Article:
It's not always necessary, but the ability to replace teeth is important for animals with massive bite forces that chew through bone. Sharks andcrocodile speciesgo through hundreds if not thousands of teeth in their lifetime. If you're going to bite as hard as some of these animals, you better have incredibly strong teeth or be able to replace them quickly.
Top 10 strongest bite force in the world
Please note that figures for animals may vary, and while accurate estimates exist for most animals, rankings are subject to change. We use the bite force PSI and rank them by total PSI while ignoring relative body size.
10. Tiger (1,050 psi)
Bengal tigers typically weigh between 250 and 500 pounds (113.39 kg to 226.79 kg). These big cats are the most populous in all of India and China, but they are an endangered species due to their beautiful fur and the use of their bodies in traditional Chinese medicine.
Their Siberian cousins are larger, weighing nearly 1,000 pounds (453.59 kg). Tigers are for the most part solitary hunters and their tremendous bite force allows them to quickly bring down their favorite prey: large animals such as deer and wild boar. Once they bite the prey's throat, the animal cannot escape and suffocates.
9. Spotted hyena (1100 psi)
While they are great hunters, packs of hyenas are also scavengers that don't turn their noses up at eating the kills of other predators. They are also involved in an endless rivalry with lions, as they both hunt the same prey species, occupy the same territories, and regularly steal food from each other.
They have a curved skull and huge jaw muscles that allow them to burst into thick animal bones to eat the marrow inside. Their ability to use bones as additional food sources is one of the reasons hyenas thrive even when prey becomes scarce.
8. Grizzlybeer (1,000 to 1,200 psi)
Everything about the North American grizzly bear is strong. A typical specimen is 2.13 m tall and weighs about 362.87 kg. These omnivorous animals eat everything from fruits and nuts to fish and animals the size of moose.
Grizzly bears can bite through bones, small trees and, according to legend, even cast iron skillets with relative ease.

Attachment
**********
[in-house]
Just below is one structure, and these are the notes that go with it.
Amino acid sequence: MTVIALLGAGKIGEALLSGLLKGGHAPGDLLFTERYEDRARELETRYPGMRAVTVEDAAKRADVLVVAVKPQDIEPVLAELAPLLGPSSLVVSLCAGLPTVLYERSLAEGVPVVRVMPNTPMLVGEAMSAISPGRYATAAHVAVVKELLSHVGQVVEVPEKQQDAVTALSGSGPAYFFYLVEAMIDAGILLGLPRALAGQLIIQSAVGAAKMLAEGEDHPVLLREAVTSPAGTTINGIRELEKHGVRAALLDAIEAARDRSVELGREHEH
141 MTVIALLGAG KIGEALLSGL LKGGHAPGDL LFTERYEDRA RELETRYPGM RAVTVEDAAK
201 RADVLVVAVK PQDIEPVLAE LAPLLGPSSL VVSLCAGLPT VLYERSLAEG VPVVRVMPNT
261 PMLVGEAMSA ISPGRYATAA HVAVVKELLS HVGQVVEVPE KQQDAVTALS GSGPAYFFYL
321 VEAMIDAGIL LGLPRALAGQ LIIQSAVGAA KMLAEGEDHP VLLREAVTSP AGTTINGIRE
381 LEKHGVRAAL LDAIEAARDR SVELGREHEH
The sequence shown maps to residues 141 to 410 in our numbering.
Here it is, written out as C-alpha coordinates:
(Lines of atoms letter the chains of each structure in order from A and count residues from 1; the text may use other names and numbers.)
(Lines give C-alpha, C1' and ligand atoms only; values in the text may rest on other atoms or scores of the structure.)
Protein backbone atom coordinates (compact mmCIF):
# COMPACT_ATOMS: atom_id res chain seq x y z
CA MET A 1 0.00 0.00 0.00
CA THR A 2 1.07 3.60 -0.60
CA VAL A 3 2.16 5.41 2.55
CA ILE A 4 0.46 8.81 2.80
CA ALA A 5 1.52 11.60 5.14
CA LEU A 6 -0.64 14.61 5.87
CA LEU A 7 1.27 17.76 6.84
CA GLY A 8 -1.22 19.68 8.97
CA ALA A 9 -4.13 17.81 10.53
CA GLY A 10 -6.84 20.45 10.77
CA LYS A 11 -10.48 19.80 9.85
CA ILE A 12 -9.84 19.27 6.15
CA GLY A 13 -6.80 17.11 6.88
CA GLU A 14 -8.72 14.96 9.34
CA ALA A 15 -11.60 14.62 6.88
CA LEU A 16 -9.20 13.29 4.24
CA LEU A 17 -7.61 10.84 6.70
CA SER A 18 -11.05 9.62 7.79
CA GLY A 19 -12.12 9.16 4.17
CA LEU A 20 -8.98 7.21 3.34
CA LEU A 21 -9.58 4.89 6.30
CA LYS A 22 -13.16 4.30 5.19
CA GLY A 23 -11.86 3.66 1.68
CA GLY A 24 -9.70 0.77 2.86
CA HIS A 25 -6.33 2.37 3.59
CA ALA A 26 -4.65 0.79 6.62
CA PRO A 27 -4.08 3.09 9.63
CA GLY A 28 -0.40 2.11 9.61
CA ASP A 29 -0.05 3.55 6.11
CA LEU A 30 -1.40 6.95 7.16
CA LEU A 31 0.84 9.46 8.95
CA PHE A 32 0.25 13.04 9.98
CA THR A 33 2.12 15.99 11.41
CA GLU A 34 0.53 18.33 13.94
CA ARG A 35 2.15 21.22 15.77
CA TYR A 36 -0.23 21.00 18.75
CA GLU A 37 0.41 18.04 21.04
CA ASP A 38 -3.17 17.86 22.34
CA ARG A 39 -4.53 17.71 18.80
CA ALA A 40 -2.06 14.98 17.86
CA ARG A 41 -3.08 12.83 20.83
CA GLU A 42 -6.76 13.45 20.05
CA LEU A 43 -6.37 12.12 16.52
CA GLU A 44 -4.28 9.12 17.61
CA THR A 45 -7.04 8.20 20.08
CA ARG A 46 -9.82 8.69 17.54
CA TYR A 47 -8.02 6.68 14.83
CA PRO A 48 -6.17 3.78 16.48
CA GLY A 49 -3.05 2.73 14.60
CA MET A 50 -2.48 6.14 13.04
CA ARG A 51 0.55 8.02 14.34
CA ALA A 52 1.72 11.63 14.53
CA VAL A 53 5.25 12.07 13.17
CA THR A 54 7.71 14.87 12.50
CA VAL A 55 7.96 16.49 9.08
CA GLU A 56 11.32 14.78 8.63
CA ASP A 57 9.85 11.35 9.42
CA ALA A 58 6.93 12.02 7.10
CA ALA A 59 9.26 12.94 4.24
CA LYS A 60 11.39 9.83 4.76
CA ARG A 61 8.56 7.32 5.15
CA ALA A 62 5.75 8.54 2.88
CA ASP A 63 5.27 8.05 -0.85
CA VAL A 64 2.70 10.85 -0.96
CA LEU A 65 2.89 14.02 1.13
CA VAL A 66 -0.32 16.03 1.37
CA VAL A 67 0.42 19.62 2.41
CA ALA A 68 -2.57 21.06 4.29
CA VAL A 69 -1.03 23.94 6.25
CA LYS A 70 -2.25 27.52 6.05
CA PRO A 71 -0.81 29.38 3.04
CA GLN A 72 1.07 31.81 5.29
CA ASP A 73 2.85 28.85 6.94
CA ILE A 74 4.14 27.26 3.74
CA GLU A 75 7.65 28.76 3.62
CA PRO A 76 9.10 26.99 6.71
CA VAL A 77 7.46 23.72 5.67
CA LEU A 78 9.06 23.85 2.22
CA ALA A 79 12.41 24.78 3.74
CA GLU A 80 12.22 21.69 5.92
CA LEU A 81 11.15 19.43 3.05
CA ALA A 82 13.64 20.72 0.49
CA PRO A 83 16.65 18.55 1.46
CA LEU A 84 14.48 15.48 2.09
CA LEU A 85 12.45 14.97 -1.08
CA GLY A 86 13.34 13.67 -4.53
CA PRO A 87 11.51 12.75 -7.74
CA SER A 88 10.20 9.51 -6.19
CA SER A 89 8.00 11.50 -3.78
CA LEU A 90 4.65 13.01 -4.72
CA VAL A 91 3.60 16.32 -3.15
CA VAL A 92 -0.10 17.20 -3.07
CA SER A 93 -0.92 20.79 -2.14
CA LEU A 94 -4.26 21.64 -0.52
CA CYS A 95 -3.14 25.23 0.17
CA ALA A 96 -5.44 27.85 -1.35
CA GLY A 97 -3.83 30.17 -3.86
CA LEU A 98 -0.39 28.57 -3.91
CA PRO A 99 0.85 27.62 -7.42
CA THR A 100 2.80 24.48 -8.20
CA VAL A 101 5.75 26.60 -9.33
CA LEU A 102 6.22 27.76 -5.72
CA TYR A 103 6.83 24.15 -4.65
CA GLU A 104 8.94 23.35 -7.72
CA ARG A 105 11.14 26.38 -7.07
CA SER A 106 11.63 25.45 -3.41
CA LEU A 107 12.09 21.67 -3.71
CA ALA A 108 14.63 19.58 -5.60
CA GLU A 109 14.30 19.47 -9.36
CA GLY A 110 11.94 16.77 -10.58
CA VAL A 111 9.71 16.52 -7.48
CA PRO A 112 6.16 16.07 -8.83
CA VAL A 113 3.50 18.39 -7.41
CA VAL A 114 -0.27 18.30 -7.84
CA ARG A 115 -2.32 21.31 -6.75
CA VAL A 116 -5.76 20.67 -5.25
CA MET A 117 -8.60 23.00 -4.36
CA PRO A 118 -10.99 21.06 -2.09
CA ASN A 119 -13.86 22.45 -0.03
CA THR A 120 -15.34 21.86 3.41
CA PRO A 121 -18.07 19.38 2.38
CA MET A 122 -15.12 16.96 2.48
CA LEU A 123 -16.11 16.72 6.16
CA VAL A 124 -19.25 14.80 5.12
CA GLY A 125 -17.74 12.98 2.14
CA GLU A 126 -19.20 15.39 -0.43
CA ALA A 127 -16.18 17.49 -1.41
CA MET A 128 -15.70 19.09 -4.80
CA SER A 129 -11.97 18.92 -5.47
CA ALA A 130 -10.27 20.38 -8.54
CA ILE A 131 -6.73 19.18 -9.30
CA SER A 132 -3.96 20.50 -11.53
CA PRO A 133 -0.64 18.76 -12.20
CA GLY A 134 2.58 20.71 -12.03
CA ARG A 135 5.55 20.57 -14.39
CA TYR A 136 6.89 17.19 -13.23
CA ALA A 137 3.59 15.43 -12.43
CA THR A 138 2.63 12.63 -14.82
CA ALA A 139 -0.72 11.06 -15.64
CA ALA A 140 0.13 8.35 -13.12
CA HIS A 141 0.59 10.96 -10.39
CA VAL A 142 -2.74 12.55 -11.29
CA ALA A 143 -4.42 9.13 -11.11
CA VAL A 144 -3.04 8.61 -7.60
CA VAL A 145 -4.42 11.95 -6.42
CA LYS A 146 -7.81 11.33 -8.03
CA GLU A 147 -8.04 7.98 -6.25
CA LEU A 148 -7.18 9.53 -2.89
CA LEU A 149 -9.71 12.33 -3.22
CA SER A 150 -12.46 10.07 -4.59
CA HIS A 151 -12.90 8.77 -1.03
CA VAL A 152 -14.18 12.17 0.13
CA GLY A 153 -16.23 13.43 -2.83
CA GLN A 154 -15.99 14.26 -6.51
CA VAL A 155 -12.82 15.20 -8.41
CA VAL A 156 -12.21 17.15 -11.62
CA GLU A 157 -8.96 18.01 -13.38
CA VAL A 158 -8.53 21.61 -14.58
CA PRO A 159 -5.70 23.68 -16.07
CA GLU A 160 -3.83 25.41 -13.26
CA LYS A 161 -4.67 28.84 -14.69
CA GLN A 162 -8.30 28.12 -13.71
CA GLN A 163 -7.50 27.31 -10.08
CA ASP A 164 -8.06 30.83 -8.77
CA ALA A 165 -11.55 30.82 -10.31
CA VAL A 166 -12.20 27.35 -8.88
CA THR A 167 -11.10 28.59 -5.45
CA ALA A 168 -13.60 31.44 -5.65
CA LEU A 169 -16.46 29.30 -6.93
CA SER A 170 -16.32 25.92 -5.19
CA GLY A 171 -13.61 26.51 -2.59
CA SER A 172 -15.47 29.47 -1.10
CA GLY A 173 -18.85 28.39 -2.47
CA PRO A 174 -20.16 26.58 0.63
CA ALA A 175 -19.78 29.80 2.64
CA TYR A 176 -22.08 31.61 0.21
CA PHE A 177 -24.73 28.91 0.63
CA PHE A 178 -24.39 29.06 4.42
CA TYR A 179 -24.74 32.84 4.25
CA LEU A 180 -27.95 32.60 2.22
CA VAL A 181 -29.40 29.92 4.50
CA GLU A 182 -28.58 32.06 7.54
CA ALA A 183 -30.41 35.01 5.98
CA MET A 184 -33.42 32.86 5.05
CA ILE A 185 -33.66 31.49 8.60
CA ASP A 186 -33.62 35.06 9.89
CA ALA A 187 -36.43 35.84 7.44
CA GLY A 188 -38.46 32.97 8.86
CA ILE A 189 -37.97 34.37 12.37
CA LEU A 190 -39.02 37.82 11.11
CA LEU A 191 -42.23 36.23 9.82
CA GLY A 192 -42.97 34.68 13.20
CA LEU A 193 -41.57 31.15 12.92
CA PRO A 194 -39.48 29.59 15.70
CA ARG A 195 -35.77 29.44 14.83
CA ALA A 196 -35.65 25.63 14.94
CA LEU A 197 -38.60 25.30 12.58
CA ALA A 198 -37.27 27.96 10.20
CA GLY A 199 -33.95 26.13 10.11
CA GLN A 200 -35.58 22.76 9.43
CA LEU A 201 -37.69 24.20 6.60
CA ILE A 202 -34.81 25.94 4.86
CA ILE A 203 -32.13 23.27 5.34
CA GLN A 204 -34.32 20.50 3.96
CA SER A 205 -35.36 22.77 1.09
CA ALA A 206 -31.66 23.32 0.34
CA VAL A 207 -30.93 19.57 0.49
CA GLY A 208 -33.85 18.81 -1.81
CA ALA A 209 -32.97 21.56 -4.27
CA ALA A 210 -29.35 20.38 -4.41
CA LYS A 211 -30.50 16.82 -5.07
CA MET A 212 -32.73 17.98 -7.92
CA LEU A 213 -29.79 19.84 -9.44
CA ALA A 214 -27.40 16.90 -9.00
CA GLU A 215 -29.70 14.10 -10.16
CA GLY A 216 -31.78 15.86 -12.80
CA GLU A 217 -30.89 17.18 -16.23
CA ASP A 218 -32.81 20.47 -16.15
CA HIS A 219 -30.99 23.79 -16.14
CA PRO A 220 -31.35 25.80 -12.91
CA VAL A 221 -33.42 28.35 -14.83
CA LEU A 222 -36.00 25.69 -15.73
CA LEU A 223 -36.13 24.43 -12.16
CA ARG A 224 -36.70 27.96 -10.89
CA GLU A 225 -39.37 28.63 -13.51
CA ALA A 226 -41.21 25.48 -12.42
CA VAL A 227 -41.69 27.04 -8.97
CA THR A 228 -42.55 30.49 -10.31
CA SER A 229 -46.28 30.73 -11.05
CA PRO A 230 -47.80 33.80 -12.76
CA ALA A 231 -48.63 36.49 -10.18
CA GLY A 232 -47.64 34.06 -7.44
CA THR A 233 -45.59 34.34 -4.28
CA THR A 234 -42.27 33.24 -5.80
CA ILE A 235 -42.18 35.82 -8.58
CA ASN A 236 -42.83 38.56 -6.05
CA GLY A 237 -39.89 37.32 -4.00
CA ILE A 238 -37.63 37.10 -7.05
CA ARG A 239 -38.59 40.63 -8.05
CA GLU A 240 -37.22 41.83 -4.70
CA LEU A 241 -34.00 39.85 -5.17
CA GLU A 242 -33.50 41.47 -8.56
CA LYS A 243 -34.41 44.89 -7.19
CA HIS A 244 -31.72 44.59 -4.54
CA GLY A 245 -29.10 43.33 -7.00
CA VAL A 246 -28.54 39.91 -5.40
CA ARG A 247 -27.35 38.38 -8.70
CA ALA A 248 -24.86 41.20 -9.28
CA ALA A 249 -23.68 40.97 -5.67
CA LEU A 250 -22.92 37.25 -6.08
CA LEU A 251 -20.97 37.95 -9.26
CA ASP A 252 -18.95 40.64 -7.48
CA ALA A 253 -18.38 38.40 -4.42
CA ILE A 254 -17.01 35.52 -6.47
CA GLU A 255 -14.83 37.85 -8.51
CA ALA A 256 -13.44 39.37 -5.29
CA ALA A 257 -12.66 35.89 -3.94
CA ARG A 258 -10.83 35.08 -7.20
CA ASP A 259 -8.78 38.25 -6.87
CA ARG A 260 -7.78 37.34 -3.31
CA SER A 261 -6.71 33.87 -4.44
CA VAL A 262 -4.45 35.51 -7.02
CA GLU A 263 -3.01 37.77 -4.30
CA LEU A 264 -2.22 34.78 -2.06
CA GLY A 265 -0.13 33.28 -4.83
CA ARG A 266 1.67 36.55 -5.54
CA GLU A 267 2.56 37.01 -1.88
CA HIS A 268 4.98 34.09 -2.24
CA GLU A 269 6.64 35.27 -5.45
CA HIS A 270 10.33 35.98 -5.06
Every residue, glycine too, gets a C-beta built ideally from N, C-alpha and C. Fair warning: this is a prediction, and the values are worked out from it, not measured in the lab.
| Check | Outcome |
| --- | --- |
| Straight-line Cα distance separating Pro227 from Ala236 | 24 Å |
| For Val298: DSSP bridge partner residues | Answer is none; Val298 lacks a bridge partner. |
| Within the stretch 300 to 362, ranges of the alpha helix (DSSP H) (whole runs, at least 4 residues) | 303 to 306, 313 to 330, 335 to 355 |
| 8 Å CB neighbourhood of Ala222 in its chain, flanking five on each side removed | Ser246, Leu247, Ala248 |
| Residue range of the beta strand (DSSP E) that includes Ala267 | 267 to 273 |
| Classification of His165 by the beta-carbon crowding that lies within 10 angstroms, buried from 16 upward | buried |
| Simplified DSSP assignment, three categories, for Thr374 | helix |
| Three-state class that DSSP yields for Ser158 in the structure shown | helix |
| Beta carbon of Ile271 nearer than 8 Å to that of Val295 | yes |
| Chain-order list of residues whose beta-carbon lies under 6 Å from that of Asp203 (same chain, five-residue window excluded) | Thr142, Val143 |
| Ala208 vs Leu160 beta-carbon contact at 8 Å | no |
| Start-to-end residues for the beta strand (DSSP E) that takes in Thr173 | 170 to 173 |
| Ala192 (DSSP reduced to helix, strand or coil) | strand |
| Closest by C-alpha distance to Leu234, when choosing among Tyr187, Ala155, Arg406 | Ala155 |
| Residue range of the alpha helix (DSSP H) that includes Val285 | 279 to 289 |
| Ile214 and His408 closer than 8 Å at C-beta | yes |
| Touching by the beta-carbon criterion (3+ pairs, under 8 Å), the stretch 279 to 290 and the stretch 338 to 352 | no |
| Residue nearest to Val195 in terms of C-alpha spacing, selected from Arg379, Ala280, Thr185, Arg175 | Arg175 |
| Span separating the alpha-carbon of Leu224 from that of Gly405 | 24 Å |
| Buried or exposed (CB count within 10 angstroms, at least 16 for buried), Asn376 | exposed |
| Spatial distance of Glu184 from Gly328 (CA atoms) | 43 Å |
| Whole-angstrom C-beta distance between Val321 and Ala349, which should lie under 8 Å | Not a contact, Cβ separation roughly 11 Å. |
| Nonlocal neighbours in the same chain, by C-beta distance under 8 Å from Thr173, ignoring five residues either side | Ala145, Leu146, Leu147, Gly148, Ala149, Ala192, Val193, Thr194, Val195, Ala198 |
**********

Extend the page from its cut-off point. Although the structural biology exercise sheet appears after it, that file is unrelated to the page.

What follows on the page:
7. Polar Bear (1200 psi)
Larger than their grizzly cousins, polar bears inhabit the Arctic regions and feed mainly on large prey. This 1,200 plus pounds (544.31 kg)theirare semi-aquatic and their webbed feet make them excellent swimmers.
Polar bears' enormous bite force allows them to get through the thick skin, feathers and blubber of the prey they encounter in their natural habitat. They usually feed onseals, whale carcasses and anything else they can run out of.
6. Gorilla (1300 psi)
Gorillas are covered in muscle, but their particularly thick necks power their bite force. The critically endangered, largest primate species is quite a shy herbivore, despite their incredibly long and intimidating fangs. Check out this article to knowhow strong is a gorilla!
Gorillas eat plants, but much of their diet consists of roots, bamboo shoots and other tough plant material. Their bite force allows them to grind up and consume this type of food, rather than relying on young shoots and fruits.
5. Jaguar (1,500 psi)
Of all the big cats, jaguars have the strongest bite force. Instead of dragging down their prey like other big cats, they attack by grabbing and crushing the skull of their prey in their mouths. Their teeth and jaws are capable of biting through the thick skin of caimans and turtles and crushing the skulls of mammals such as capybaras.
Jaguars are found in North and South American rainforests and typically grow to be 5' to 6' tall (1.52m to 1.82m), have a 0.91m tail and weigh about 113.39kg . .
4. Hippopotamus (1,800 psi)
Of all living mammals, hippos have the strongest bite. They use their massive fangs and incisors to fend off potential predators from their young and fight each other. Hippos are the most dangerous animal in Africa and are responsible for more human deaths each year than any other animal.
Hippo aggression isn't just directed at humans. Although they share the same body of water, they dislike crocodiles and a hippopotamus has been documented to bite a 12-foot crocodile in half.
3. American Alligator (2150 psi)
Alligators are the largest reptile in North America and have an equally large bite force. They can snap their jaws shut incredibly fast, crushing or biting their prey in half. The strength of their jaws comes from the incredibly strong jaw muscles that close the mouth.
Funnily enough, the muscles that open their mouths are ridiculously weak in comparison, and you can keep their mouths closed using just your hands. Alligators mostly feed on fish, wading birds, turtles and small mammals.
2. Great White Shark (4,000 psi)
The great white comes second on the list simply because its bite force is modeled and not tested. aStudy from 2008used X-rays and computer models to determine what a great white shark's bite force would be. It found that a 21-foot (6.40 m) white shark could exert a bite force of about 4,000 psi, making it the strongest bite force of any living animal.
Great white sharks are found around the world in areas such as the northeastern United States, the Pacific Ocean, Australia, and South Africa. They are apex predators, fearful only of larger white sharks and killer whales.
1. Saltwater Crocodile (3,700 psi)